Are you being abused? | Editorial

Are you being abused? | Editorial

Our local domestic violence and sexual assault agency has seen a surge of cases in the past few months.

Through its offices in Friday Harbor, Eastsound and Lopez Village, SAFE San Juans provides free victim services and community education as well as 24/7 crisis lines. But because its critical work in our small communities is confidential, we are often unaware of the magnitude of these issues right here at home. SAFE staff has seen as many people this year as they did all of last year — and there are still three months left in 2019.

“I like to think that large growth in people seeking support is happening because people have become more aware of our services and are reaching out. I’m hopeful it isn’t because the issues have gotten worse or even more prevalent,” said executive director Dave Dunaway.

October is domestic violence awareness month. It’s a time to inform the public about the risks and prevalence of DV, which is defined as the intimidation, physical assault, sexual assault, and/or other abusive behavior as part of a systematic pattern of power and control perpetrated by one intimate partner against another. It includes physical violence, sexual violence, psychological violence and emotional abuse.

The numbers

The Centers for Disease Control and Prevention report that nearly 20 people per minute are physically abused by an intimate partner in the United States. During one year, this equates to more than 10 million women and men. The U.S. Department of Justice reports that 1 in 4 women and 1 in 9 men experience severe intimate partner physical and sexual violence and stalking. On a typical day, there are more than 20,000 phone calls placed to domestic violence hotlines nationwide.

Domestic violence DOES NOT discriminate. Anyone of any race, age, sexual orientation, religion or gender can be a victim – or perpetrator – of domestic violence. It can happen to people of all socioeconomic backgrounds and education levels.

Since 2016, there have been two domestic-violence-related homicides in San Juan County. This past April, news outlets reported on a Northeastern University study that showed homicide among intimate partners is now on the rise, primarily driven by gun violence. The study analyzed gender differences in homicide patterns over a 42-year period, using data obtained from the FBI.

A study released by the CDC in 2017 found that nearly half of all women who were murdered between 2003 and 2014 died at the hands of their partners, and in 10 percent of those cases, violence shortly before the killing could have provided an opportunity for intervention. NPR reported: “More than 55 percent of the deaths were related to partner violence, and the vast majority of those were carried out by a male partner.” While the report found that the deaths affected all racial-ethnic groups, the incidents among black and indigenous women were higher.

Why do people stay?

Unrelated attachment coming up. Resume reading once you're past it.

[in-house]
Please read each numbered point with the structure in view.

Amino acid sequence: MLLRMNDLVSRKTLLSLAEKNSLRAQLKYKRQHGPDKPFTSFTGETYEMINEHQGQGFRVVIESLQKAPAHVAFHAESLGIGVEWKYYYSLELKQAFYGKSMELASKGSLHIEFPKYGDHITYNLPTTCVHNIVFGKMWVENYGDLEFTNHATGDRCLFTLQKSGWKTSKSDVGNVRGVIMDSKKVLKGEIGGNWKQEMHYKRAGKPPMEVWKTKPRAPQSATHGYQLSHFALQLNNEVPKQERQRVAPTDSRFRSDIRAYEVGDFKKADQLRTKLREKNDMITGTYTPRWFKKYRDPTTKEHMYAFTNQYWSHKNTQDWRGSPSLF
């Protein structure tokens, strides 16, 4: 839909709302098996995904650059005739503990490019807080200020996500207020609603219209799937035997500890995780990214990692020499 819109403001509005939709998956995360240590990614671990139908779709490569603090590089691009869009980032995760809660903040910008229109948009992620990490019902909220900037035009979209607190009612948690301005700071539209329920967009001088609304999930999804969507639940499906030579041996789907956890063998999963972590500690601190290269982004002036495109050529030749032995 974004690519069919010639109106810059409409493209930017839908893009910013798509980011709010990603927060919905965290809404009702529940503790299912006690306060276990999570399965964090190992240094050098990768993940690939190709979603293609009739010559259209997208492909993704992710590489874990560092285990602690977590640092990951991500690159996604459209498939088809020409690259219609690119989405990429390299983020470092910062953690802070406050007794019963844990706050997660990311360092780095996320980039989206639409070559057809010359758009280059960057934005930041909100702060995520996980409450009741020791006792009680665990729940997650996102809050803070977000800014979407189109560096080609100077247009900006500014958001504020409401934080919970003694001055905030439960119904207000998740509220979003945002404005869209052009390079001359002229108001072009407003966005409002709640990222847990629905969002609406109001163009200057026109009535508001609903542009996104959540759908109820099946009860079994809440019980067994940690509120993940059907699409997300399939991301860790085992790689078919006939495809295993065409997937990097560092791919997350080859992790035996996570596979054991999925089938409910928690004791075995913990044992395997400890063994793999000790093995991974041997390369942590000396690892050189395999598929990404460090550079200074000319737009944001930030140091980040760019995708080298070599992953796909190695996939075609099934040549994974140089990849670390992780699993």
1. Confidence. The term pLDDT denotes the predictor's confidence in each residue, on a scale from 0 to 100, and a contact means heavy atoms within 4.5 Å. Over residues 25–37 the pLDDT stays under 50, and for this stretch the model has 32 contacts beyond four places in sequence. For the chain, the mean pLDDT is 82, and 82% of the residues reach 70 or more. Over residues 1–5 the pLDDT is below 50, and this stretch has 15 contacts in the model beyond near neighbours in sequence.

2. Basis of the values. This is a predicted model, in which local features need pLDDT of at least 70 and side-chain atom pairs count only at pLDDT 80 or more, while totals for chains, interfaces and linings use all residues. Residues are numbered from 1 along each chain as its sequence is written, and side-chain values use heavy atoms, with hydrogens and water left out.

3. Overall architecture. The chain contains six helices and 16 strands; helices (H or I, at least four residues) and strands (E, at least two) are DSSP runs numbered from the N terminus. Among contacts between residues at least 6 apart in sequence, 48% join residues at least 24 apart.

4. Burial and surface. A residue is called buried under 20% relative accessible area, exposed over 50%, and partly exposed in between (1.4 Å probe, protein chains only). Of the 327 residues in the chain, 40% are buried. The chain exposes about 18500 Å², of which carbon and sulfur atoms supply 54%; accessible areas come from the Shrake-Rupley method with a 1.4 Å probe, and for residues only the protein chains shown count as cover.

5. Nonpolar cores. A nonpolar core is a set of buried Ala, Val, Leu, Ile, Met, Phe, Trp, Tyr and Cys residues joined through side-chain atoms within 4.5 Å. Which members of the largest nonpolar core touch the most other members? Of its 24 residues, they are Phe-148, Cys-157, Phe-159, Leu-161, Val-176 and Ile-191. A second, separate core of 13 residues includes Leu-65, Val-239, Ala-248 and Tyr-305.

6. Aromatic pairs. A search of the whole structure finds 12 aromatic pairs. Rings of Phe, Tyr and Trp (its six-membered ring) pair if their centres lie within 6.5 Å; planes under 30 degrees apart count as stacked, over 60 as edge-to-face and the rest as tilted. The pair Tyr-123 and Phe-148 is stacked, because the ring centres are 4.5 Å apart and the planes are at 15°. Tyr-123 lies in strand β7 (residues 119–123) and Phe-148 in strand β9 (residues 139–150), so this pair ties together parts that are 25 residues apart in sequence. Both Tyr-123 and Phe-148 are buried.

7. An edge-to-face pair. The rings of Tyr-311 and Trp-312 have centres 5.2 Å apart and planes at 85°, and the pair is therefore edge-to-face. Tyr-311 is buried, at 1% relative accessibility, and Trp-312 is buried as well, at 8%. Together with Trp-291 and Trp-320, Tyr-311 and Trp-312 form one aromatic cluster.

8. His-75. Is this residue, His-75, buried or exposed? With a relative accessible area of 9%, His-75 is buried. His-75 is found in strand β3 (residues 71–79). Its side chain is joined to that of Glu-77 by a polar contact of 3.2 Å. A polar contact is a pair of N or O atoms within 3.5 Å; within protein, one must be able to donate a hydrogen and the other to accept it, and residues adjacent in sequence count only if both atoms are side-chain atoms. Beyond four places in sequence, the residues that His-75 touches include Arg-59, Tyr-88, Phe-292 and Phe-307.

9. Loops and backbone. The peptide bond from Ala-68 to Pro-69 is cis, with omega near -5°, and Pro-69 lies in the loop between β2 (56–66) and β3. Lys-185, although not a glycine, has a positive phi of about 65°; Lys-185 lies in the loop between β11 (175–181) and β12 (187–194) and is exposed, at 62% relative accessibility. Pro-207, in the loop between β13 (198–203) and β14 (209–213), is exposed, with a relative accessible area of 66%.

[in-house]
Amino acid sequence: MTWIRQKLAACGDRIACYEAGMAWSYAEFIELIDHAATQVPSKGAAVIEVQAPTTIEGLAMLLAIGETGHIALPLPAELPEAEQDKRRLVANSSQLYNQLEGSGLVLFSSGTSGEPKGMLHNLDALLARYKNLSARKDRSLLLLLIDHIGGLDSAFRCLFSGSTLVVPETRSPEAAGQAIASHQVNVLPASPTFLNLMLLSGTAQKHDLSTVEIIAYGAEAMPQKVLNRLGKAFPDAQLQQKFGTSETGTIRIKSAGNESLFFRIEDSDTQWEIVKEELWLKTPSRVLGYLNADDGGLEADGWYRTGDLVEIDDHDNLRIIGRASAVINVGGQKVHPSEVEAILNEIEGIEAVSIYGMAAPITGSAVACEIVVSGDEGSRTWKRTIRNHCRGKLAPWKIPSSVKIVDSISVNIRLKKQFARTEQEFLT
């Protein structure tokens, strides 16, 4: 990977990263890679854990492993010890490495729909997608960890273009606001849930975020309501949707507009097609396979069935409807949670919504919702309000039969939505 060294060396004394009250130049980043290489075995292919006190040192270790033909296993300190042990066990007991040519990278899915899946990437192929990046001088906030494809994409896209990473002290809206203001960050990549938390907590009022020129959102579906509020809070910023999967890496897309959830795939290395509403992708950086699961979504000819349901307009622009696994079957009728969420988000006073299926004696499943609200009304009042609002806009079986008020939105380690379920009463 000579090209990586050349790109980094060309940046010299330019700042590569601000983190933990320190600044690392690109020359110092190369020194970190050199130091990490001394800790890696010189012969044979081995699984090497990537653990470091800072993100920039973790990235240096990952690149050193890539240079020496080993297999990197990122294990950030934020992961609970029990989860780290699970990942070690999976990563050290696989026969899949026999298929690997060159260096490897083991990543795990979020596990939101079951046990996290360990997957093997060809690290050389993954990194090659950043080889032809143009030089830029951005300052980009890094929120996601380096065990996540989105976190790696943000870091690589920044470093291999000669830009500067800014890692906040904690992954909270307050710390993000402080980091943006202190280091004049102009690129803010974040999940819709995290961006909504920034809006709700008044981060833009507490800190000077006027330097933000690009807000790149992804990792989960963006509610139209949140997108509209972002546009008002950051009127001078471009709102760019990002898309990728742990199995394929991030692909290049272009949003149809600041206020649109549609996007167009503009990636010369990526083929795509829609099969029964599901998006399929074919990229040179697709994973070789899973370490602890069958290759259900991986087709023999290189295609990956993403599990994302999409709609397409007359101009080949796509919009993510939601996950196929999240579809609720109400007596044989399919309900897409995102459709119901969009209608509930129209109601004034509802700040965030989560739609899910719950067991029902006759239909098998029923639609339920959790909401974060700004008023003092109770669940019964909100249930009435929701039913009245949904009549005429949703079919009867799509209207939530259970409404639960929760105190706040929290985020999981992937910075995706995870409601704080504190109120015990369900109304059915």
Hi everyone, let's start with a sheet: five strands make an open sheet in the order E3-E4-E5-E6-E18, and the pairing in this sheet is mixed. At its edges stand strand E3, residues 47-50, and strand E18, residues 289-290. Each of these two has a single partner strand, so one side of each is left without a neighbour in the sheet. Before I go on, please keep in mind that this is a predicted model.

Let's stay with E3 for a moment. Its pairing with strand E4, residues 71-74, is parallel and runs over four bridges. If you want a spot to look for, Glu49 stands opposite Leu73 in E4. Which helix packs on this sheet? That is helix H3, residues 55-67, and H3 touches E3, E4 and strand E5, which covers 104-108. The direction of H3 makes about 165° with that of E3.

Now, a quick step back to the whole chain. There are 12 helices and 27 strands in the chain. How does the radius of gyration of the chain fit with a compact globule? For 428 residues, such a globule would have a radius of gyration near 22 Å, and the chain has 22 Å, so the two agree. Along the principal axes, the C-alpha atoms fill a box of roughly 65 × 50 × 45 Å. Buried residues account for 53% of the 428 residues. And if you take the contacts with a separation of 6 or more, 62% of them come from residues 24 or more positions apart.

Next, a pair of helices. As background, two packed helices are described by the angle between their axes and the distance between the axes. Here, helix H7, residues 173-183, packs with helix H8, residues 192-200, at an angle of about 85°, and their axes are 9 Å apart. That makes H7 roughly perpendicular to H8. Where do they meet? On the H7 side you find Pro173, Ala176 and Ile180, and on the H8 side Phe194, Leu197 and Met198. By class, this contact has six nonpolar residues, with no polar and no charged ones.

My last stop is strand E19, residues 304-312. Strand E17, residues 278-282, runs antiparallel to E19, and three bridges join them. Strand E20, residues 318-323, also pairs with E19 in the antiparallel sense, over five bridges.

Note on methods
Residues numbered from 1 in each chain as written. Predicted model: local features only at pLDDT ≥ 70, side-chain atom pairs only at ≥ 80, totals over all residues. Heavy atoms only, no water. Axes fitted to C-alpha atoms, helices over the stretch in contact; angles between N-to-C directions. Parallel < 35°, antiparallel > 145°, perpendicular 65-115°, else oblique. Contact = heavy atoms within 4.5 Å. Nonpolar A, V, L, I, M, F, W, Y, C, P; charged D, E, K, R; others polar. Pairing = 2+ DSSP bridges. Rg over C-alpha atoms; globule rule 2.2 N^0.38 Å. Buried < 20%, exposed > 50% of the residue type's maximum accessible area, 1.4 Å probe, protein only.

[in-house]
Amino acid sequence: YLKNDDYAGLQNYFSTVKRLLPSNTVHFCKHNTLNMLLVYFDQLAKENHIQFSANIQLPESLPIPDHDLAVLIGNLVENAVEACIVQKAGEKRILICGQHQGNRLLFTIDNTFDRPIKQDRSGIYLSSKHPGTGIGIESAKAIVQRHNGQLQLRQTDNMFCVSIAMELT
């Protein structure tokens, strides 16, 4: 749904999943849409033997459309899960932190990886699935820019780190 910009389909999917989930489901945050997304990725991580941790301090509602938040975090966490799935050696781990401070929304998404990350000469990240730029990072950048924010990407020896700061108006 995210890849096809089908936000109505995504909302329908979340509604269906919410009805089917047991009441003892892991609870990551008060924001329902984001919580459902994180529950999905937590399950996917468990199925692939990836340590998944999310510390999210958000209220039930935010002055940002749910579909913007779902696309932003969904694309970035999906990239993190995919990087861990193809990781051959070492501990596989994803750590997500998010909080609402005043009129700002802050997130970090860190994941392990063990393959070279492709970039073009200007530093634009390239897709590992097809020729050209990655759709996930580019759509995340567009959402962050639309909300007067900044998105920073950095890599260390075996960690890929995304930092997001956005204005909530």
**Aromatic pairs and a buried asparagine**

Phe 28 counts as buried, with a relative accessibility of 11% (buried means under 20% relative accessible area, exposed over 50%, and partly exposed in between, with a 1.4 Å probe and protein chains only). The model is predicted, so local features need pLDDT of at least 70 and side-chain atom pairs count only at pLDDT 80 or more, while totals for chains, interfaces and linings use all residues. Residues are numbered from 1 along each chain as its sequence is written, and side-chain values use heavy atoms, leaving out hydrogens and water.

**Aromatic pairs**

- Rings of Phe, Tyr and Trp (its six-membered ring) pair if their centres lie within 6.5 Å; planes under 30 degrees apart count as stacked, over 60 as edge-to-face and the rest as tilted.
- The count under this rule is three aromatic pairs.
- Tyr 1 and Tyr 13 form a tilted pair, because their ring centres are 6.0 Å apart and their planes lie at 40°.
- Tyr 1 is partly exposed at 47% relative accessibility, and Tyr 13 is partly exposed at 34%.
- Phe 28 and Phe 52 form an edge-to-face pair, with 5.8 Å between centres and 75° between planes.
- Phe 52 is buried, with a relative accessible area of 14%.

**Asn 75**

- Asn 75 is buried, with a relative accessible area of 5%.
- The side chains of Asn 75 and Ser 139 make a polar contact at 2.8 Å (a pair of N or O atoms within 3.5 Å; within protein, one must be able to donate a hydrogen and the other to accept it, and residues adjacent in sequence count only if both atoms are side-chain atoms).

Because abusers go to extreme and often violent lengths to keep their victims from leaving, it can be incredibly hard for victims to escape. Roadblocks to leaving include the threat of harm coming to them, their children or their pets; financial instability; lack of support from family and friends; and nowhere to live. An abuser’s behavior is driven by power and control, and DV-related deaths are often connected to a victim attempting to leave the relationship.

It can also be confusing to determine if you are in an abusive relationship. Some victims feel that because their partner is loving some of the time, the other instances are excused. Signs of abuse can be: extreme jealousy; possessiveness; unpredictability; bad temper; cruelty to animals; verbal abuse; extremely controlling behavior; antiquated beliefs about roles of women and men in relationships; forced sex or disregard of their partner’s unwillingness to have sex; sabotage of birth control methods or refusal to honor agreed-upon methods; blaming the victim for anything bad that happens; sabotage or obstruction of the victim’s ability to work or attend school; controls of finances; abuse of other family members, children or pets; accusations of the victim flirting with others or having an affair; control of what the victim wears; demeaning the victim privately or publicly and humiliation of the victim in front of others.

How to get help

Nationally and locally, there is incredible work being done to educate people about and prevent the occurrence of domestic violence. This October, look for public awareness campaigns across the country that share information on the prevalence of abuse and how people can seek help and lend support to others.

There are many resources online to help you such as, and If you are afraid your internet usage might be monitored, call the National Domestic Violence Hotline at 1−800−799−7233. If you are in immediate danger, call 911. SAFE San Juans provides free and confidential services on Orcas (376-5979), Lopez (468-3788) and San Juan (378-8680). It also provides 24/7 crisis lines at 360-378-2345, 360-376-1234 and 360-468-4567.